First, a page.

Drinking skok immediately recovers two points of System Strain, but at the cost of one point of Constitution, which reduces the character’s maximum System Strain by one. Characters who have lost Constitution this way can recover one point of Constitution when resting instead of one point of System Strain (player’s choice).

Characters about to die from suffering System Stain beyond their maximum can save their lives with skok, but their recovery back to full health will take longer.

Blue Juice

Blue juice is really more like a very dark red, though when mixed with goat milk or staining cotton or hemp cloth, it turns into a slightly bluish purple color giving it its name. Blue juice comes from the tiny fruit of a swamp plant and tastes like unripe berries which is quite revolting to drink, which is why it’s often mixed with goat milk and a bit of kesk honey. It’s quite a potent painkiller and in larger amounts causes severe drowsiness to the point of making people nod off while having severe injuries getting treated.

Characters drinking a good amount of blue juice roll twice for all Mental saving throws to resist manipulation for the next hour (6 turns), but also treat any skill checks as untrained, suffering the usual -1 penalty to the roll instead of their skill level. At the end of the duration, the characters have to succeed on a Physical saving throw or fall asleep, though they can be woken up by others as usual.

Row, row, row your boat, bravely up the stream

So, if you have a setting idea that is not centered around kingdoms and cities, what other reference frames can you use to give structure to the peoples and societies of a vast wilderness setting? How about rivers? All the earliest civilizations of the Bronze Age first appeared along the largest rivers in the old world because big rivers are really really useful. They provide a steady source of water, which in the sub-tropical zones where you find these civilizations can otherwise be quite a problem. But they are also extremely useful for transportation. Rivers allow you to transport large quantities of cargo just as easily as by rail. Load all the stuff on a boat, add a sail or go with the current, and wait until you’ve reached your destination. If you have goods to move, rivers are the way to go. Or to float. While water isn’t as much a problem in Central Europe, the region between Germany and France has been constantly contested for many centuries because it’s the origin of the Rhine, the Seine, and the Rhone, having easy access to the North Sea, Atlantic, and Mediterranean.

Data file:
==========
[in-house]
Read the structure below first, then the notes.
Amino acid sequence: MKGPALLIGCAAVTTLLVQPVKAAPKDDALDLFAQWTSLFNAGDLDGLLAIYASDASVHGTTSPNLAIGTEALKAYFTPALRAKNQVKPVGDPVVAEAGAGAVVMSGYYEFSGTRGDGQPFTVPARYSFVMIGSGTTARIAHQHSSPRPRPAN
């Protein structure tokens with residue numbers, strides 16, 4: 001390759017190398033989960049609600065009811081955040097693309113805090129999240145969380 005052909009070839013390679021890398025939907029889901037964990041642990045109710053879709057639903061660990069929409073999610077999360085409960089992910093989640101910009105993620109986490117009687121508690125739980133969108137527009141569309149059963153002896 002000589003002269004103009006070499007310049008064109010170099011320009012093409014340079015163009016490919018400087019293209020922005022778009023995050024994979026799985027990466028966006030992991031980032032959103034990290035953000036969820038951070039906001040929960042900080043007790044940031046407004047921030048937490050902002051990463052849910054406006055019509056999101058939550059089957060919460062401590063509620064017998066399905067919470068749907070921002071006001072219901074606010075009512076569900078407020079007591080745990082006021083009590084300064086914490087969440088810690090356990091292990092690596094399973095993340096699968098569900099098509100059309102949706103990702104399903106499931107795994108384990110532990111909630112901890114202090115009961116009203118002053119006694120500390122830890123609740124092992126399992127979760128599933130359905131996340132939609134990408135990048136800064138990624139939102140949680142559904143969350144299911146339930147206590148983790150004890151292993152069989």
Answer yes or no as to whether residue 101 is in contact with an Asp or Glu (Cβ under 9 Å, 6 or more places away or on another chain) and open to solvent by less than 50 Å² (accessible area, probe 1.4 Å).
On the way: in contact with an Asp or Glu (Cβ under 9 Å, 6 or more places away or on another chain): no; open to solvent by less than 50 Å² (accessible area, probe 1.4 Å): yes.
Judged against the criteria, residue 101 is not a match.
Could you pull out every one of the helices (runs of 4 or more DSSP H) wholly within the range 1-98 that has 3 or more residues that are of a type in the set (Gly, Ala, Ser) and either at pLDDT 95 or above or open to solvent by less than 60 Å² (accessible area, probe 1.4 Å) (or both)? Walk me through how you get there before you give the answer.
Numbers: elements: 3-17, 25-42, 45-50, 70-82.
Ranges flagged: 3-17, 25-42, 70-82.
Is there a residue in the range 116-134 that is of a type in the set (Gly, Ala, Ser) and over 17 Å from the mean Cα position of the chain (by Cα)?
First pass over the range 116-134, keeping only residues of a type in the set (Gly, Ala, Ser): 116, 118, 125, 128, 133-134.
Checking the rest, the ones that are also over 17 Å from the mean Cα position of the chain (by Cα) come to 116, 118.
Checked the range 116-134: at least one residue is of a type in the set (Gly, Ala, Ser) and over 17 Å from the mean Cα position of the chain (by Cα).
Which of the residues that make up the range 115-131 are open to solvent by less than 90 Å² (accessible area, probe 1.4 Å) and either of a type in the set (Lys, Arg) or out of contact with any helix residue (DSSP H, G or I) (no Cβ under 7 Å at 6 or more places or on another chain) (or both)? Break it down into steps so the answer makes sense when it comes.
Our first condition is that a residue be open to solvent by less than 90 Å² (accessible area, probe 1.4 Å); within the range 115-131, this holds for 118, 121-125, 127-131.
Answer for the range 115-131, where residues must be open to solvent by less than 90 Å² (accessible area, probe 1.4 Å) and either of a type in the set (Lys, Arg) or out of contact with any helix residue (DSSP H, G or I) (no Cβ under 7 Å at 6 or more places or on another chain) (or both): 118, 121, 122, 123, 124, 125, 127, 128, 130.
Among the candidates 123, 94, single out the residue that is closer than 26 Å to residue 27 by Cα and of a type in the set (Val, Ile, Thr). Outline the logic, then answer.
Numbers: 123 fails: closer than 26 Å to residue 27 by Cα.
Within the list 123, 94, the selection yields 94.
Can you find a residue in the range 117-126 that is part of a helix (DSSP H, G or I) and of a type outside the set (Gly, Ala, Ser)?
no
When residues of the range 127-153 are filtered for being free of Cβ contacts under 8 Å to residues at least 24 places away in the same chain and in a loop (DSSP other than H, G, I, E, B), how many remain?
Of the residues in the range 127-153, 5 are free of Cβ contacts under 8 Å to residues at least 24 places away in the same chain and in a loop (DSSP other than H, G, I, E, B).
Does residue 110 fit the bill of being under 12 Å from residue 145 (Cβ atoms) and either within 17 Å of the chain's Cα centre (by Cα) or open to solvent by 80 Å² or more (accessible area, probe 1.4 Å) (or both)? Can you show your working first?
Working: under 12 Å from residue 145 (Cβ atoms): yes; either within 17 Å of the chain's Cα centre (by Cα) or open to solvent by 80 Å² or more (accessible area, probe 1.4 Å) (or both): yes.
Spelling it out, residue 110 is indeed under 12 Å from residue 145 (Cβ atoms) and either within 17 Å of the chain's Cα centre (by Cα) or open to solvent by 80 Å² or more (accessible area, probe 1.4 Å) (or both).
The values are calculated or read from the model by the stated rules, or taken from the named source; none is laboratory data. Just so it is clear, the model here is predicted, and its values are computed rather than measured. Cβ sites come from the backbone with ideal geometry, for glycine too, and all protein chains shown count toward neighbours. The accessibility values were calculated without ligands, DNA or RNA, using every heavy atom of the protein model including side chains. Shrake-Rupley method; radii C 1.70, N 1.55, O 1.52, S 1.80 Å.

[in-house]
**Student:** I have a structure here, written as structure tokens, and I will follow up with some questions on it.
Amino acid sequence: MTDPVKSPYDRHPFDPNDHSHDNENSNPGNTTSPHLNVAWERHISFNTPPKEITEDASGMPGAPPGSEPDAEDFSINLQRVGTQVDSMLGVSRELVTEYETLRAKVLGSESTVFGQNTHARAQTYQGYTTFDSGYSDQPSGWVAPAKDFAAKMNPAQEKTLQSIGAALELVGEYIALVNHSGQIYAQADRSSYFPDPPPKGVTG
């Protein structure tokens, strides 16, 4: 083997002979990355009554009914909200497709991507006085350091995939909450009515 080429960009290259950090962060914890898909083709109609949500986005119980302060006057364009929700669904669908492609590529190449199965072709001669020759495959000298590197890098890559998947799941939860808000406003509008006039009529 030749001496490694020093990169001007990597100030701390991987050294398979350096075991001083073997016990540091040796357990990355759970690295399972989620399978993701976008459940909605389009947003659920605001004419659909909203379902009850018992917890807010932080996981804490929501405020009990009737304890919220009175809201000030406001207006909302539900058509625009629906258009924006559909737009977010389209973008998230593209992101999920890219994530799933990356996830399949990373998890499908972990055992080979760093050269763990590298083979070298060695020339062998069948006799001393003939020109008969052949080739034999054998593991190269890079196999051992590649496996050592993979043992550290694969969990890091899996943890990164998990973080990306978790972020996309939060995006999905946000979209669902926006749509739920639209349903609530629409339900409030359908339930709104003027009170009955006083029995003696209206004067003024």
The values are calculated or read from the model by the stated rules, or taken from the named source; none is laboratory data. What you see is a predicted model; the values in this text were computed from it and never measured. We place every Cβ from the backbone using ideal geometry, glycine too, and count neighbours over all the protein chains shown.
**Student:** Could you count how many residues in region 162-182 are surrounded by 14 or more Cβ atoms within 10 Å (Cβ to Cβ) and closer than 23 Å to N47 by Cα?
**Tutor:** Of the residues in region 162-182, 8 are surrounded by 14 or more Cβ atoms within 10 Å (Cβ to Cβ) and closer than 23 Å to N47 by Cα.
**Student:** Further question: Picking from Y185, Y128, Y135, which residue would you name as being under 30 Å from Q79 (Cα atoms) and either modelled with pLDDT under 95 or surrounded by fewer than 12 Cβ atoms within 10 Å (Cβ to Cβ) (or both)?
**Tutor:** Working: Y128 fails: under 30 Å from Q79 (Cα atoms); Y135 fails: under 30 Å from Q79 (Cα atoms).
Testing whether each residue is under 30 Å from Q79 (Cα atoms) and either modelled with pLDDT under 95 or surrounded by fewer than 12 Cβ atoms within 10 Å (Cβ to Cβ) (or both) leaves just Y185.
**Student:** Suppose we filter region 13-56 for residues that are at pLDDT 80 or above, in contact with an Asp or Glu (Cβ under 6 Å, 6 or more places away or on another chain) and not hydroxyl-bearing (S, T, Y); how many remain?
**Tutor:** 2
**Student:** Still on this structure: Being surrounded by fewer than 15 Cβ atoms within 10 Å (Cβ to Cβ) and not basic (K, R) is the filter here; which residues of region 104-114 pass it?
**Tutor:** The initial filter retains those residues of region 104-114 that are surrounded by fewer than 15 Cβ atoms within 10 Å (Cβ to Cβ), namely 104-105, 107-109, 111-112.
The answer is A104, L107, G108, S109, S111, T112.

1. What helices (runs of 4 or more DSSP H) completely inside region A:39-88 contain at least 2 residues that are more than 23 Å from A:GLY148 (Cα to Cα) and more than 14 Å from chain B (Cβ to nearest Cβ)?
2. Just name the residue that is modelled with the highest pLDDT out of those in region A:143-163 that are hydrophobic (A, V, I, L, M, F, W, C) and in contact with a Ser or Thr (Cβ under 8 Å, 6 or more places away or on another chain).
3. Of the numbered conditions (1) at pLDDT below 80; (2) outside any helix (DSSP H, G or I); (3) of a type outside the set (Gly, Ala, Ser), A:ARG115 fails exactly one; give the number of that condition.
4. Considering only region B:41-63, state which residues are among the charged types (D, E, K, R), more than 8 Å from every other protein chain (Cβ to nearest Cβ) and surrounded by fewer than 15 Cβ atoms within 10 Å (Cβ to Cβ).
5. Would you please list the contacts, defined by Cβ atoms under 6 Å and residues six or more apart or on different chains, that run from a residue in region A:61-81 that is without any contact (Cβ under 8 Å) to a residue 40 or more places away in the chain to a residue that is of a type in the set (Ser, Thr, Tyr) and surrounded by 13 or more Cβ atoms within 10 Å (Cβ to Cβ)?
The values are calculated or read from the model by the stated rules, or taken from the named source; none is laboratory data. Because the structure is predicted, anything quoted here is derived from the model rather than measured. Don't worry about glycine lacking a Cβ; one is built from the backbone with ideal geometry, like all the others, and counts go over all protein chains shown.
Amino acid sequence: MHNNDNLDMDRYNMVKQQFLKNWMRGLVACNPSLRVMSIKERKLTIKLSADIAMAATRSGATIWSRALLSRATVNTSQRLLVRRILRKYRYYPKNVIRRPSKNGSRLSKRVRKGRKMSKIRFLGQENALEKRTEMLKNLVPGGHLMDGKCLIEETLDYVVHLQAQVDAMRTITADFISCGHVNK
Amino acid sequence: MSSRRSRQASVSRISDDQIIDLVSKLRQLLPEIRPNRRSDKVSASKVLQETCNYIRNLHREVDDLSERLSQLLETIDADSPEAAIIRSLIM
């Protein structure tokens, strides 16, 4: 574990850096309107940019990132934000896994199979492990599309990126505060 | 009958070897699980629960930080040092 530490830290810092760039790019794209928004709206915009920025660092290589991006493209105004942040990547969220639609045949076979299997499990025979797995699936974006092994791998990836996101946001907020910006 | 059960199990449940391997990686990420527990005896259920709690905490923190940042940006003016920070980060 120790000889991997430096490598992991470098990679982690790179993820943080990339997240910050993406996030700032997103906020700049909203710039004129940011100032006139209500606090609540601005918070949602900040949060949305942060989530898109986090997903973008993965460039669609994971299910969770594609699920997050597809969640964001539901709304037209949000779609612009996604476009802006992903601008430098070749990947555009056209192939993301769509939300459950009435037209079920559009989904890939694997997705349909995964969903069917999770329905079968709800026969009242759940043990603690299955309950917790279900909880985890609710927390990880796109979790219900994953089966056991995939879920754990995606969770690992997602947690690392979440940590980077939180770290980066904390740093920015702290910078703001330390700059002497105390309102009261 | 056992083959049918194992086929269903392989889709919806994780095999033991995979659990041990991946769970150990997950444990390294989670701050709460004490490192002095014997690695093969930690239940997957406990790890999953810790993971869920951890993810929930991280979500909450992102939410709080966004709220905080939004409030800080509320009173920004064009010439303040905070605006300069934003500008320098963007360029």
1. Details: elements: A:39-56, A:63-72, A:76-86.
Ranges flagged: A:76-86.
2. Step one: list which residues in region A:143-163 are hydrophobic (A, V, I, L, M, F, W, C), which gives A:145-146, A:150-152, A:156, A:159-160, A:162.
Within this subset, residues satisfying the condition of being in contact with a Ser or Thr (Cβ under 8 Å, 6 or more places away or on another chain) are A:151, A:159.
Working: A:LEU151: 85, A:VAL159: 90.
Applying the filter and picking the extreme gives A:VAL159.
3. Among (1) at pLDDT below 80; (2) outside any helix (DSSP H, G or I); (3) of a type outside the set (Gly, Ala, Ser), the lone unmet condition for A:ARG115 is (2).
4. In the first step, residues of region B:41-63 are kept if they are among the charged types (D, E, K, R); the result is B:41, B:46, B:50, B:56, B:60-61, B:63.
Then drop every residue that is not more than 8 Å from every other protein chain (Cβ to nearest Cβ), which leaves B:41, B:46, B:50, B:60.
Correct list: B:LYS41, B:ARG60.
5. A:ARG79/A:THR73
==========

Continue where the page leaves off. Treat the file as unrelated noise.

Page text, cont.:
It’s been one of the design elements for Planet Kaendor very early on that all civilization has to be on rivers or the coast, with the deeper forests being more or less inaccessible for heavy cargos. When I was thinking of city states, I was mostly thinking about the coasts and large ports, but that’s not where the adventure is. Adventure is deep in the forests where the ancient ruins are hard to get to. I am now thinking about moving all the pieces on the map to correspond to three huge river systems and one archipelago of islands of the coast. I really like ocean beaches, but Planet Kaendor is meant to be a forest world foremost. While there won’t be any along the major rivers, there’s more than enough in the islands region. While I have plans for a sub-arctic and a tropical forest set in Kaendor, for practical reasons it makes the most sense to only go with the temperate-subtropical one for now. I think any single campaign is best served by being based entirely on a single river.

The Setting